Lighting controls: The basics on dimmers, motion sensors & more

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BC Hydro community representative Kevin Ball serves up some tips on lighting controls, including some key advice on deciding whether you want to install controls yourself.

Some controls are relatively easy to install; others require some expertise

Kevin Ball

Lighting controls such as dimmers, photocells and motion sensors, offer a great way to add another dimension of style and comfort to your living space while also saving energy. Lighting controls are available wherever lighting products are sold.

The type of lighting control you buy depends on where it's going to be placed. Dimmers will likely be used inside, while photocells (controls which detect levels of light) and motion sensors will often be used in outdoor applications.

BC Hydro is offering savings on ENERGY STARĀ® LED bulbs, ENERGY STAR LED fixtures, smart plugs and appliances at participating retailers across B.C. See for details.

Outdoor controls are about safety and security

For the outdoors, photocell and motion-sensor lighting help to improve the safety and security of your back alley or porch. Lighting controls like these keep your property safe and well lit. Photocell and motion-sensor controls will light your outdoor areas more efficiently, as the bulb will only turn on when necessary.

A great way to supplement your outdoor lighting control is to use an ENERGY STAR LED bulb. Often times, a bulged reflector (BR) bulb will work well in these instances that call for a floodlight. Using an efficient bulb like an LED will provide huge energy savings over an LED's extended lifetime: as much as $100 per bulb.

Learn more about outdoor lighting controls [PDF, 150 KB]

Dimmers create mood, cut electricity use

Dimmers provide a great opportunity to reduce your energy use while also changing the atmosphere of your living space. By dimming the level of light emitted by the bulb, you're also lowering the number of watts being used.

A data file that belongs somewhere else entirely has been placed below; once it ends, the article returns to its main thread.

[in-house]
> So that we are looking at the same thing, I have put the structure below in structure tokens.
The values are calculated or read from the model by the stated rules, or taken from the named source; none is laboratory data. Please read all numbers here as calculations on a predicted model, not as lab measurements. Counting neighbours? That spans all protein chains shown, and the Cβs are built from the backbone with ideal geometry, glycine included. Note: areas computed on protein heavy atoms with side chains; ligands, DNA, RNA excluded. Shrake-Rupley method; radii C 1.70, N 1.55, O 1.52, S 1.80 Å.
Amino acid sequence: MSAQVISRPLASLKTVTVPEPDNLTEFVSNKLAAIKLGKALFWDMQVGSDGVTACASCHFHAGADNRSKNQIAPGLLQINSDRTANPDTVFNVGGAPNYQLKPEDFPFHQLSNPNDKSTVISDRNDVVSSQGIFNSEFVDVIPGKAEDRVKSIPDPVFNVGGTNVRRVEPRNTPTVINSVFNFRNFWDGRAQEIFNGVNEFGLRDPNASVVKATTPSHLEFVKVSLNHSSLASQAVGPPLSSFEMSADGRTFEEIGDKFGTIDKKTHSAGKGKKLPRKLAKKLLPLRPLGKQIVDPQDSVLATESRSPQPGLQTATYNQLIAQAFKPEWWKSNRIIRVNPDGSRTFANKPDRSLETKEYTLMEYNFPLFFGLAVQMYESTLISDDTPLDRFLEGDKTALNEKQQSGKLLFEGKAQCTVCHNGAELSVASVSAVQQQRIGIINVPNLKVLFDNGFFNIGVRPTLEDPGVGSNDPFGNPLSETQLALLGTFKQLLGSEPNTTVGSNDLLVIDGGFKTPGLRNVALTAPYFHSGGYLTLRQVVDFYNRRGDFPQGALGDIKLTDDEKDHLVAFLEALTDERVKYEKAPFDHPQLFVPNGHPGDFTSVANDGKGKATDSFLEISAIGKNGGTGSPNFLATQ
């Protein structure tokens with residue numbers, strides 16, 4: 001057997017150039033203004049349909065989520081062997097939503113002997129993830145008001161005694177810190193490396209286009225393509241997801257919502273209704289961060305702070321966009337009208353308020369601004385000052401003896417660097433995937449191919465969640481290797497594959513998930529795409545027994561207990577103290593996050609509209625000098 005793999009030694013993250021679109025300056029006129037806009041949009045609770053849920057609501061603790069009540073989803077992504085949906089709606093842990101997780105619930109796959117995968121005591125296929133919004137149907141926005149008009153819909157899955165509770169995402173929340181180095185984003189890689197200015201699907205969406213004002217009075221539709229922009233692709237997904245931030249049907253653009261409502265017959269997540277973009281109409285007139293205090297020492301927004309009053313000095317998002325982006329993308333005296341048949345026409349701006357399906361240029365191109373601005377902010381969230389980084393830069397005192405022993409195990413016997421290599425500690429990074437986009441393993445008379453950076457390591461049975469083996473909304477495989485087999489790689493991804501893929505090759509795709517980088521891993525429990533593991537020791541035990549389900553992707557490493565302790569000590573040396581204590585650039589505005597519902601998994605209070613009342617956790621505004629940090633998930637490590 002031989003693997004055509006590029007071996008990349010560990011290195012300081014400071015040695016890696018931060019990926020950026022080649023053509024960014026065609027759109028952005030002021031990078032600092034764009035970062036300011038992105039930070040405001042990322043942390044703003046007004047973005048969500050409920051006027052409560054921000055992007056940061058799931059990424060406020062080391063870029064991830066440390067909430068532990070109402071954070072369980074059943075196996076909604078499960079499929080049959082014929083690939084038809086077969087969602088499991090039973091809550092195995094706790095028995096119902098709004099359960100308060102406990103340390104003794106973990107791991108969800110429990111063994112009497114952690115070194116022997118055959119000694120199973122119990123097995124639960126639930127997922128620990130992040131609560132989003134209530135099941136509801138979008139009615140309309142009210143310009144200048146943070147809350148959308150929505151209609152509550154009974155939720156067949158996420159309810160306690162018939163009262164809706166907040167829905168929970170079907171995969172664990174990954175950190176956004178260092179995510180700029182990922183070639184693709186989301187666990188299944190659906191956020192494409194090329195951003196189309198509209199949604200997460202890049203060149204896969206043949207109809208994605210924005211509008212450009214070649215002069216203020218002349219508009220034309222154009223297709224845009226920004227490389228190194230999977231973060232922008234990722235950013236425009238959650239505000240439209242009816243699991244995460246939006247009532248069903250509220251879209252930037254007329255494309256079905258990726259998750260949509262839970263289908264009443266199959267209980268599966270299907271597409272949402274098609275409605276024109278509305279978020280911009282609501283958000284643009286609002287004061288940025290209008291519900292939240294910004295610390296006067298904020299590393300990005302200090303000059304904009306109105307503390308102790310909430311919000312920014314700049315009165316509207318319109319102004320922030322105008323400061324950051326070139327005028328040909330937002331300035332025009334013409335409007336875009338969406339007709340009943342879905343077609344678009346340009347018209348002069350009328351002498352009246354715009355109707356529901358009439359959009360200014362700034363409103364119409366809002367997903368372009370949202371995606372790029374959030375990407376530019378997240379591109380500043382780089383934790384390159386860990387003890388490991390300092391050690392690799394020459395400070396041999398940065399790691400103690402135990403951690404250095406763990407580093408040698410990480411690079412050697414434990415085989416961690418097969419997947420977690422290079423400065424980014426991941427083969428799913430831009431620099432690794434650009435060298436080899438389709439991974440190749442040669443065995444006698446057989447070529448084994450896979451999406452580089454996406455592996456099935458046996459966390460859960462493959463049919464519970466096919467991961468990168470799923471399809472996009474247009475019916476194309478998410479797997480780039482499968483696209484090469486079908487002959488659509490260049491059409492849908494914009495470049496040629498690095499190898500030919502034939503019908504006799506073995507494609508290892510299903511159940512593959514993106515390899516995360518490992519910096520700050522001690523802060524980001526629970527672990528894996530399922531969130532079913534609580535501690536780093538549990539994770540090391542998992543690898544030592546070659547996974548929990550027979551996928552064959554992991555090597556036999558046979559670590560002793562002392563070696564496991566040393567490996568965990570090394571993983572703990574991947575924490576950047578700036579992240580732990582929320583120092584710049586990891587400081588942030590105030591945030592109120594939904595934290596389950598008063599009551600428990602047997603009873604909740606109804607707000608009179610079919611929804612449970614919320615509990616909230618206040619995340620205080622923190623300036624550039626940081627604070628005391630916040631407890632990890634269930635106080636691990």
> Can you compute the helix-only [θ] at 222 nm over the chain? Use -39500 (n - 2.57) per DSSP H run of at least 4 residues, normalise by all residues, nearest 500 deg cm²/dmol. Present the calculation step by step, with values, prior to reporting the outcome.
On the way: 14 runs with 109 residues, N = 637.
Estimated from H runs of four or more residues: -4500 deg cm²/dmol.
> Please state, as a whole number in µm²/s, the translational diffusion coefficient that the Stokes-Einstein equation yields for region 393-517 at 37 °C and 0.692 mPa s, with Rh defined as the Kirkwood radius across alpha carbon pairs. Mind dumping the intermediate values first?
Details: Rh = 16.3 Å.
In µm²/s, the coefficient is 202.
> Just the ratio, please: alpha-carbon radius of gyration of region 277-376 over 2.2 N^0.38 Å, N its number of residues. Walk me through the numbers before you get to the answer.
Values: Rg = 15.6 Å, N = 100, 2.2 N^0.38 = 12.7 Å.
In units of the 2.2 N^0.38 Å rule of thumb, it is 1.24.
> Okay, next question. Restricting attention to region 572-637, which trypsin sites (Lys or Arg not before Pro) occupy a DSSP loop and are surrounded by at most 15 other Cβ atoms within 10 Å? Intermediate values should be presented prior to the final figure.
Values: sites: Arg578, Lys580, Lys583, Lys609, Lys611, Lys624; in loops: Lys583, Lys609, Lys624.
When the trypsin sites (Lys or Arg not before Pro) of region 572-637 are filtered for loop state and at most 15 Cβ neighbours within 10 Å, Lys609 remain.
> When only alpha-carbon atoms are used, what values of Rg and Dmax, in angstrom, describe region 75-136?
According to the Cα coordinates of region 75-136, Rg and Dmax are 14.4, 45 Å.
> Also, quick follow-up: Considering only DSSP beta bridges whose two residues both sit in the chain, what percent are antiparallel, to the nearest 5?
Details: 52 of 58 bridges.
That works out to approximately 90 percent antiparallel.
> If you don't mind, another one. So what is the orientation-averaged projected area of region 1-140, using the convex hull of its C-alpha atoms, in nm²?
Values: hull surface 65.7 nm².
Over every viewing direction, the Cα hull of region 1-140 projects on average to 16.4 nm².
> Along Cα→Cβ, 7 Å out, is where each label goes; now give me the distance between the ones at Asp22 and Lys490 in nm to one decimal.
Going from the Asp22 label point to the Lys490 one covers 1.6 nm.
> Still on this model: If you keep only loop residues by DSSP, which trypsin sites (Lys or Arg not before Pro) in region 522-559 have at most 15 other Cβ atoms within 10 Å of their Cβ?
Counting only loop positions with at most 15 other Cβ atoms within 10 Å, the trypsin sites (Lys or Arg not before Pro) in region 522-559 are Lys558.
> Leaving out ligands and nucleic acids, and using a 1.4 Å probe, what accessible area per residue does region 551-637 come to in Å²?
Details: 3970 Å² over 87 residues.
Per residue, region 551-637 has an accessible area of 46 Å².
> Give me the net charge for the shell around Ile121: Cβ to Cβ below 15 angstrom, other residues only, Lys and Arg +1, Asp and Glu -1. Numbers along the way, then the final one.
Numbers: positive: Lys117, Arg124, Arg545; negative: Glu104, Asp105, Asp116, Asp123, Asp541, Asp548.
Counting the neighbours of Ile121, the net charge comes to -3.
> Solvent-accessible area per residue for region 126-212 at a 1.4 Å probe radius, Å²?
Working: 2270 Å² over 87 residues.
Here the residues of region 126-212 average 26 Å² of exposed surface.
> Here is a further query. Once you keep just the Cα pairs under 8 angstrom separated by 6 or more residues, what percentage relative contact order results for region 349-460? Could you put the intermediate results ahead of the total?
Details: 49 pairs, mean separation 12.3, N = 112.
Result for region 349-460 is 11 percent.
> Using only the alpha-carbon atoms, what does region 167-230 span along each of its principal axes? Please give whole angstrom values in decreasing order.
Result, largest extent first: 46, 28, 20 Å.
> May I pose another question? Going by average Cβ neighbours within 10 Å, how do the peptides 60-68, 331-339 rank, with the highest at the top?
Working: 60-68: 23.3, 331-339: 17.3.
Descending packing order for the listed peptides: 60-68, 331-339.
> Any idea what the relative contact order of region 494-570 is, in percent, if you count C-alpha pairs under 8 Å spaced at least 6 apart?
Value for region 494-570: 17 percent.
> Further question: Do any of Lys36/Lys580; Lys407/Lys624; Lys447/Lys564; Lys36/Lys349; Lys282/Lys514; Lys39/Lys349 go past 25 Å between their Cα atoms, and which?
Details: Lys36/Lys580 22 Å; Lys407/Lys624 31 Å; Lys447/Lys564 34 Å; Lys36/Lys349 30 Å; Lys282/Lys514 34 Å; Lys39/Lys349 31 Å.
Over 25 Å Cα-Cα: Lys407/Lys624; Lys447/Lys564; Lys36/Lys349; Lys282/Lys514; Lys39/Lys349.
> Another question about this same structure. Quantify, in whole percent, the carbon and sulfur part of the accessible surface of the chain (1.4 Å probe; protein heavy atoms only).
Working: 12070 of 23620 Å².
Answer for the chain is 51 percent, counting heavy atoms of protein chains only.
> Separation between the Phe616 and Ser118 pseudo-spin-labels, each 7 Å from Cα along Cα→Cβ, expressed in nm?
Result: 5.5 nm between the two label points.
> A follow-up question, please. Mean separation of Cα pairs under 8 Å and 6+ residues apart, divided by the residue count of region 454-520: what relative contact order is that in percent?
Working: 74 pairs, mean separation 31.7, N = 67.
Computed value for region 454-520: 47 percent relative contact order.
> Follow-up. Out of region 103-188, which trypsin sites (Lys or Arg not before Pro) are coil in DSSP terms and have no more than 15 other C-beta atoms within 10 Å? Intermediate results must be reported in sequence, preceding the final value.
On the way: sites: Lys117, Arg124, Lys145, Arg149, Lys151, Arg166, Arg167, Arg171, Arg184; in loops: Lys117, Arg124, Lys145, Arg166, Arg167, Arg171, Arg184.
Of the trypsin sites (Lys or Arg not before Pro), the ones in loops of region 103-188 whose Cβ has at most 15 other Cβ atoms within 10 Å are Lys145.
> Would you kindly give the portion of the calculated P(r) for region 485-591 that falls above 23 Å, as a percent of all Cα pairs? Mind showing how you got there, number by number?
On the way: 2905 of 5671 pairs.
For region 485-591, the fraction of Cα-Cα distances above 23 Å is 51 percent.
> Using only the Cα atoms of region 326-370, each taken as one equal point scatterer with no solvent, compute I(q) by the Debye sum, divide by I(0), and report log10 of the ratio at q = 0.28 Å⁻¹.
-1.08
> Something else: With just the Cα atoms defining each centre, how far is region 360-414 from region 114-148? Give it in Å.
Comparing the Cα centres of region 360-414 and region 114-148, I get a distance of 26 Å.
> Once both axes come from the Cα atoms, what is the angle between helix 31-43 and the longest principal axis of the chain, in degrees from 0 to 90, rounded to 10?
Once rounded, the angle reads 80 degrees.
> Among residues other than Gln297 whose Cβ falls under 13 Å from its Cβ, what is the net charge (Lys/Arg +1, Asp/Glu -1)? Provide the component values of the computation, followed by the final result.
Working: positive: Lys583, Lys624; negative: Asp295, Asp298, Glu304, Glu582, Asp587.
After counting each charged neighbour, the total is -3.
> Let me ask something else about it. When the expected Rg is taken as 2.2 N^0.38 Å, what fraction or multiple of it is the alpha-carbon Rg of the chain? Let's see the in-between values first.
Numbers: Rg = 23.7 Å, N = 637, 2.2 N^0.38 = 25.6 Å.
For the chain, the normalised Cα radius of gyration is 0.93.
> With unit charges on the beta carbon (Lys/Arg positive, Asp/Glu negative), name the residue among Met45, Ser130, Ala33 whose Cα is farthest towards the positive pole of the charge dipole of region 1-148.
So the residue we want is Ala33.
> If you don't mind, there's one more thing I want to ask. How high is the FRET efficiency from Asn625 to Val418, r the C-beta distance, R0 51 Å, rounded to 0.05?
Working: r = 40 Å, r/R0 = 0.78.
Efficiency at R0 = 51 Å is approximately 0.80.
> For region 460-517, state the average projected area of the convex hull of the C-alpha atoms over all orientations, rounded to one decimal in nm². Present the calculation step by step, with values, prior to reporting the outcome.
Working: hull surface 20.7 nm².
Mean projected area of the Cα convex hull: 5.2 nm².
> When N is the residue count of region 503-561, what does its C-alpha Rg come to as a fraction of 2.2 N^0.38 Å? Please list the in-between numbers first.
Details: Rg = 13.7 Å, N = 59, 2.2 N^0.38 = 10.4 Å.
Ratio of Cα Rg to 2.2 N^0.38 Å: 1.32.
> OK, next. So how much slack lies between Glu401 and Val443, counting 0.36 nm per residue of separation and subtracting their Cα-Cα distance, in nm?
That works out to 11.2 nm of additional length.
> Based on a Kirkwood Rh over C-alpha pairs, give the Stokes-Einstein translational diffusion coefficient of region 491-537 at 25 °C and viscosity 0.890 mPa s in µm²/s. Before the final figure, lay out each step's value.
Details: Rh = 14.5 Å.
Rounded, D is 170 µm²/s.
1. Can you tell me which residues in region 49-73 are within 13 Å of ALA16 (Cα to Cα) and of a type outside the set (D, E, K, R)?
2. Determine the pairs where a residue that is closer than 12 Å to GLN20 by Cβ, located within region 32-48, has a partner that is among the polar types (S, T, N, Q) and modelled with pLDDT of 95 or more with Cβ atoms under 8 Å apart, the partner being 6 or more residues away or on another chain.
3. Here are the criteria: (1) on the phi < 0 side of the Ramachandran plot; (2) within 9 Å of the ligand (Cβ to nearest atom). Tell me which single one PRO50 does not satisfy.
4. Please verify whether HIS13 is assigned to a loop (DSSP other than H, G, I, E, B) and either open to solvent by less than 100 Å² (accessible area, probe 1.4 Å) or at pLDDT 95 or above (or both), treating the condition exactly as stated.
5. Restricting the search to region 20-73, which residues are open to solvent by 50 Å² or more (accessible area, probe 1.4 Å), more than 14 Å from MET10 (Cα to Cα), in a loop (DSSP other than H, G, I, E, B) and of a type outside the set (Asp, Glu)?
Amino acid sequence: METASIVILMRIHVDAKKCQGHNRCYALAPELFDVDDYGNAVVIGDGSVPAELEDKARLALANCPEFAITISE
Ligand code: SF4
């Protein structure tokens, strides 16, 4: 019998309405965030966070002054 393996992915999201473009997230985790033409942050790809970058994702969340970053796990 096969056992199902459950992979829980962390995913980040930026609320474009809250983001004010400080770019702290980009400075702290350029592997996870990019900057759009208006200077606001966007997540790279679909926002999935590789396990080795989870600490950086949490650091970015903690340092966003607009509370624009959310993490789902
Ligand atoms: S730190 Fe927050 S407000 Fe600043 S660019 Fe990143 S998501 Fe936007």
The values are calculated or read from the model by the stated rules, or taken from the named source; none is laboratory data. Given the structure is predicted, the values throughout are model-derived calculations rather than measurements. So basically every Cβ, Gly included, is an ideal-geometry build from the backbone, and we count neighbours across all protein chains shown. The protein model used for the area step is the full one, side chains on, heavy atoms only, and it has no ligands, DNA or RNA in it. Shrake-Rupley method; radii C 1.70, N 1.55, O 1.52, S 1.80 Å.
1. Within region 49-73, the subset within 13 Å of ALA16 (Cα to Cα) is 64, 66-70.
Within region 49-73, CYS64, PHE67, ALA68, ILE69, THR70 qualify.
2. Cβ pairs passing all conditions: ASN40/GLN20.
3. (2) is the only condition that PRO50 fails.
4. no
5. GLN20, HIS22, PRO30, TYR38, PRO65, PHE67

Many LED bulbs work well with dimmers. Be sure to read the packaging to ensure you're purchasing the correct bulb for the job.

Older dimmers may not be capable of dimming LEDs. Older dimmers were designed for higher wattages that incandescent bulbs use, and are unable to detect the lower wattages that LEDs bulb use at their lowest brightness setting. This may result in a flickering effect or the bulb turning off when turned down. It's a good idea to buy an LED-compatible dimmer control, too.

Image of light switch box and wires
Do you have the knowledge and skills to safely install a dimmer or other lighting control? If you're unsure, get some help from an electrician, your retailer or a lighting professional.

Installing controls correctly: Can you do it yourself?

There's a lot to think about when installing your lighting controls, so get some help from a friend or electrician if you're unsure about how to do it safely. If you install it yourself, you'll need to check grounding, choose the correct box size and confirm your plans meet the electrical code.

The tools needed to change a lighting control may vary depending on the type of control you're installing. But in general, you'll need a screwdriver, voltage tester, wire stripper and electrical tape. The voltage tester should be used after the breaker for the circuit has been switched off, as it will be able to confirm that the wire is not live and help to keep you safe.

To ensure your control is fitted safely and correctly, ask an electrician, your retailer or a lighting professional for details.

View a video on how to install lighting controls.

Kevin Ball is a community representative for BC Hydro.